Take my office cab driver who took me around Mumbai just before I came to Bengaluru to meet Barra. As soon as he found out that I am a journalist who writes about new kinds of companies, he started plying me with questions about his part-time employer: Ola. “Sir, exactly how does Ola make money?” he demanded. “They give drivers so much incentive and then they give discounts to passengers too. It just doesn’t make sense. It can’t be their own money they are spending, right...?”
He then proceeded to answer his own question with the reassurance of an expert. “It must be black money or foreign money,” he said, before adding, “But it may not be enough to tackle Uber. Uber must have even more money.”
Curiosity is good
The conversation would have startled me if he were the first cabbie to broach these subjects. Even two years ago it was not customary for cab drivers in this country to discuss business models and competition with passengers. Conversations, if any, tended to be on the state of roads and corrupt traffic cops. But I have met countless Ola and Uber drivers who are acutely interested in how these companies function. My conversations with them have ranged from the sinister—like the foreign hand behind Ola—to the intricately technical—how surge pricing really works and why it doesn’t benefit too many drivers.
If you think the curiosity is limited only to those who have a direct interest in these businesses, like these drivers, think again. In fact, when drivers strike up conversations with random customers, they don’t do so in the capacity of business partners to Ola and Uber at all. They talk as one customer to another.
For cab aggregators that depend on adding more and more vehicles to their fleet for survival, drivers, and not passengers, are the primary customers. So when a driver chats up a passenger, it is really their mutual curiosity as customers of a strange new business that brings them together. This is an important nuance, and it permeates the behaviour of other “customers” in other businesses too.
That conversation is a powerful force in business isn’t a new idea. India is the land of bazaars. Constant, intense conversation between customers and businesses is in the DNA of our market economy. But as businesses grow and evolve from their small, intimate beginnings, there is often no conversation at all—only a one-way bombardment of ads, cold calls, and spam to shove a message down the customer’s throat.
Yes, there are those phone numbers and email ids dressed up as “customer care”, whose purported goal is to help the customer talk back. Except customer care often serves to kill the conversation rather than help it. Think of the inordinate waiting time when you dial your mobile operator’s helpline. Or worse, those confounding automated menus that deliberately hide the option to reach a real human being. How many times have you hung up in frustration? In some cases, you see the same bad habits infecting innovations like 24/7 chat windows that startups so love—ask a question and a get a ridiculous, irrelevant answer if you get an answer at all.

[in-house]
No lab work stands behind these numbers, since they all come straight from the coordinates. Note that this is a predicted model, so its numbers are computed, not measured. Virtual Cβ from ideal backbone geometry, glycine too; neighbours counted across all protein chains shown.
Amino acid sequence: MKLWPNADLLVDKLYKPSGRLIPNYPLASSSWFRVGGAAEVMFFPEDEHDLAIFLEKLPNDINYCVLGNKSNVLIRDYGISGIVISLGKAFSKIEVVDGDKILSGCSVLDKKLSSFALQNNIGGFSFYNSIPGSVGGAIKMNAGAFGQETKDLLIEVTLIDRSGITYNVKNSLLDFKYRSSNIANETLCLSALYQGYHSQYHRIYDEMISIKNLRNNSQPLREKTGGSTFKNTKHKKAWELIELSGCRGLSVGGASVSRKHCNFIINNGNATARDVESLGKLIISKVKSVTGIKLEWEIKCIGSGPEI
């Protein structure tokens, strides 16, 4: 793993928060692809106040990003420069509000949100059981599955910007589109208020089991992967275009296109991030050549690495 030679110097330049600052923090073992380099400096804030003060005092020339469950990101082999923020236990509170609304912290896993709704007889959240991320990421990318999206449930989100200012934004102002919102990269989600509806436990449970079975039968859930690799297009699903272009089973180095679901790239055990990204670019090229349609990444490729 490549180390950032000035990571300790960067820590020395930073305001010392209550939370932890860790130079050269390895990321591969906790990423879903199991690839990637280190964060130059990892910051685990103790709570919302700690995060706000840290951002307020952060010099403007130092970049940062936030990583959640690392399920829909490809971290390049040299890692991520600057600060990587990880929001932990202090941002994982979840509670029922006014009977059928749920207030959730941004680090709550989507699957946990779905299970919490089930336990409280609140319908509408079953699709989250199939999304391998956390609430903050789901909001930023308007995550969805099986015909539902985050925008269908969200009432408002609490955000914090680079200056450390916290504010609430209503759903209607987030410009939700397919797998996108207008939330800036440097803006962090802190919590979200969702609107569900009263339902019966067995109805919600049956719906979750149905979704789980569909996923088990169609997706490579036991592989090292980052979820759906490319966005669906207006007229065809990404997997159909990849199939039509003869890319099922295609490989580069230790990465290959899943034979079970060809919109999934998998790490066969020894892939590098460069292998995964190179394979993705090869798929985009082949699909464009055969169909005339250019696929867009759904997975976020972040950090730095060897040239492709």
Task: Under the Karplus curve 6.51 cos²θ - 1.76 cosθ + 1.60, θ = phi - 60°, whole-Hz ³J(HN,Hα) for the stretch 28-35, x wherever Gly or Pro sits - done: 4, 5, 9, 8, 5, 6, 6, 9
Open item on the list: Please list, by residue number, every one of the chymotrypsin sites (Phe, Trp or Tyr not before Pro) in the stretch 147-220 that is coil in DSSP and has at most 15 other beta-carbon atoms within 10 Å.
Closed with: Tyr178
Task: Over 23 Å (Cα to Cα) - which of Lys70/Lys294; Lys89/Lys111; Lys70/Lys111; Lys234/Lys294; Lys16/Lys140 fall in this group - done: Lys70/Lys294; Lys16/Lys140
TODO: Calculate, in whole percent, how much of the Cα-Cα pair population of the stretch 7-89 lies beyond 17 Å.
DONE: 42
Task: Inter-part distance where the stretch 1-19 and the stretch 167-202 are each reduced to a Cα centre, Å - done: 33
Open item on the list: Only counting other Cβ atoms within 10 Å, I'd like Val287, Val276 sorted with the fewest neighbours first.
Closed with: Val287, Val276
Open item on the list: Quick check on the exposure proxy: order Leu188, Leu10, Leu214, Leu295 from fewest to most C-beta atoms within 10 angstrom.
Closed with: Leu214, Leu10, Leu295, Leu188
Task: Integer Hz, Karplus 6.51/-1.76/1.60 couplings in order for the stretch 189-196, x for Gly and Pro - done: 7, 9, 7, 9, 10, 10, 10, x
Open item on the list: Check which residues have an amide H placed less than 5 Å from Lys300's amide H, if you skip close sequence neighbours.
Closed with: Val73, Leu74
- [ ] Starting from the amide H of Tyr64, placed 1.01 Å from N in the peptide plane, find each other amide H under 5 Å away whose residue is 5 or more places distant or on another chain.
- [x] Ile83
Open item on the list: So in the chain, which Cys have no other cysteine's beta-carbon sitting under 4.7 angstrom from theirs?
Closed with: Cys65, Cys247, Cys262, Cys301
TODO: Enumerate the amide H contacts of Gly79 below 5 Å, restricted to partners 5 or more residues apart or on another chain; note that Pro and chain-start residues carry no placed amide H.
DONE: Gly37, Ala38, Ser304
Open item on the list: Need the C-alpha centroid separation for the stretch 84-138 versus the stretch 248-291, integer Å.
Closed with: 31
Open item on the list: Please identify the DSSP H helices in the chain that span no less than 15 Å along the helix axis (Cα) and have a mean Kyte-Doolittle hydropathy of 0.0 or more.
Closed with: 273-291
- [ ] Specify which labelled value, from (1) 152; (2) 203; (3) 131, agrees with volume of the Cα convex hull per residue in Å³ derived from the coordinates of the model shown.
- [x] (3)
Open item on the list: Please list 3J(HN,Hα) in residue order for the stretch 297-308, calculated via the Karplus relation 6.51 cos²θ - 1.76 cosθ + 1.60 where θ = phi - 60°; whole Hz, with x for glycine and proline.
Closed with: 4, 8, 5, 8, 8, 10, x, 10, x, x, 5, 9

Here’s the thing: when businesses start killing the conversation, customers reciprocate. That’s why you mindlessly switch channels every time there’s an ad break. Or why you simply give up seeking redress for poor service after your first few calls and emails go unanswered. You are just not interested in the relationship anymore. Once you lose interest, you are always looking for a way out. You may stay awhile because it is inconvenient to leave immediately, but it is very tough to get you really interested once again.
An angry customer is not the worst thing for a business. A customer who has lost interest is. When they have a bad experience, an interested customer makes an effort to start a conversation and understand what went wrong. A customer who has lost interest feels that getting into any conversation is a waste of time. They find it easier to assume that they are dealing with evil people who have no interest in them, and they take their business elsewhere at the first opportunity.
A customer who gives you the chance to engage in a conversation—that’s the Holy Grail for any business. That’s what the entire advertising blitz is really after. And yet, a vast majority of businesses is shockingly bad at conversation.
The default setting at the beginning of the relationship is curiosity. Someone tells you about a cool new product or a great new deal, and you are curious to give it a go. In business as in life, curiosity is a wonderful thing.
Curious customers are empowered customers (think of our waiter who grilled the mighty Hugo Barra), and companies that encourage curiosity are the most human.
Already, several star Indian startups have suffered because they failed to deal with the power of curiosity. At the height of the media bashing of startups’ dubious valuations and business practices, I met a top investor and asked him why more entrepreneurs weren’t coming forward to directly talk to their customers and demystify their businesses. Why weren’t more of them blogging, or publishing YouTube explainers, or taking part in AMAs? He almost got offended. “Why should founders talk to customers about business,” he asked. “Why should customers care how a business functions? Those who care—us investors and the founders themselves—already know.”
His response represented the tendency among businesses to not think of customers as their intellectual equals. But in the social media age, customers are watching all aspects of businesses, and companies cannot dictate what questions they may or may not ask.
When customers don’t get talk-back from businesses themselves, they fill the vacuum either with idle speculation—as my Ola driver did.
Or they turn to the media, which brings its own biases to the story. Remember Jabong’s disastrous fire sale? There’s a school of thought that bad media management (read: inability to take ownership over the conversation) was at least one of the reasons for the company’s spectacular fall.
In the old world that we grew up in, lack of conversation between business and customer was systematically cultivated. For the first time in history, businesses have both an opportunity and an obligation to directly participate in the myriad conversations around them, capitalise on public curiosity, and humanise themselves.
When the dust settles on the fantastical valuations and struggling founders, the rebirth of curiosity could well be the real legacy of the startup era.
(Disclosure: In 2015, the author was briefly in talks with Xiaomi for a role in their India communications team.)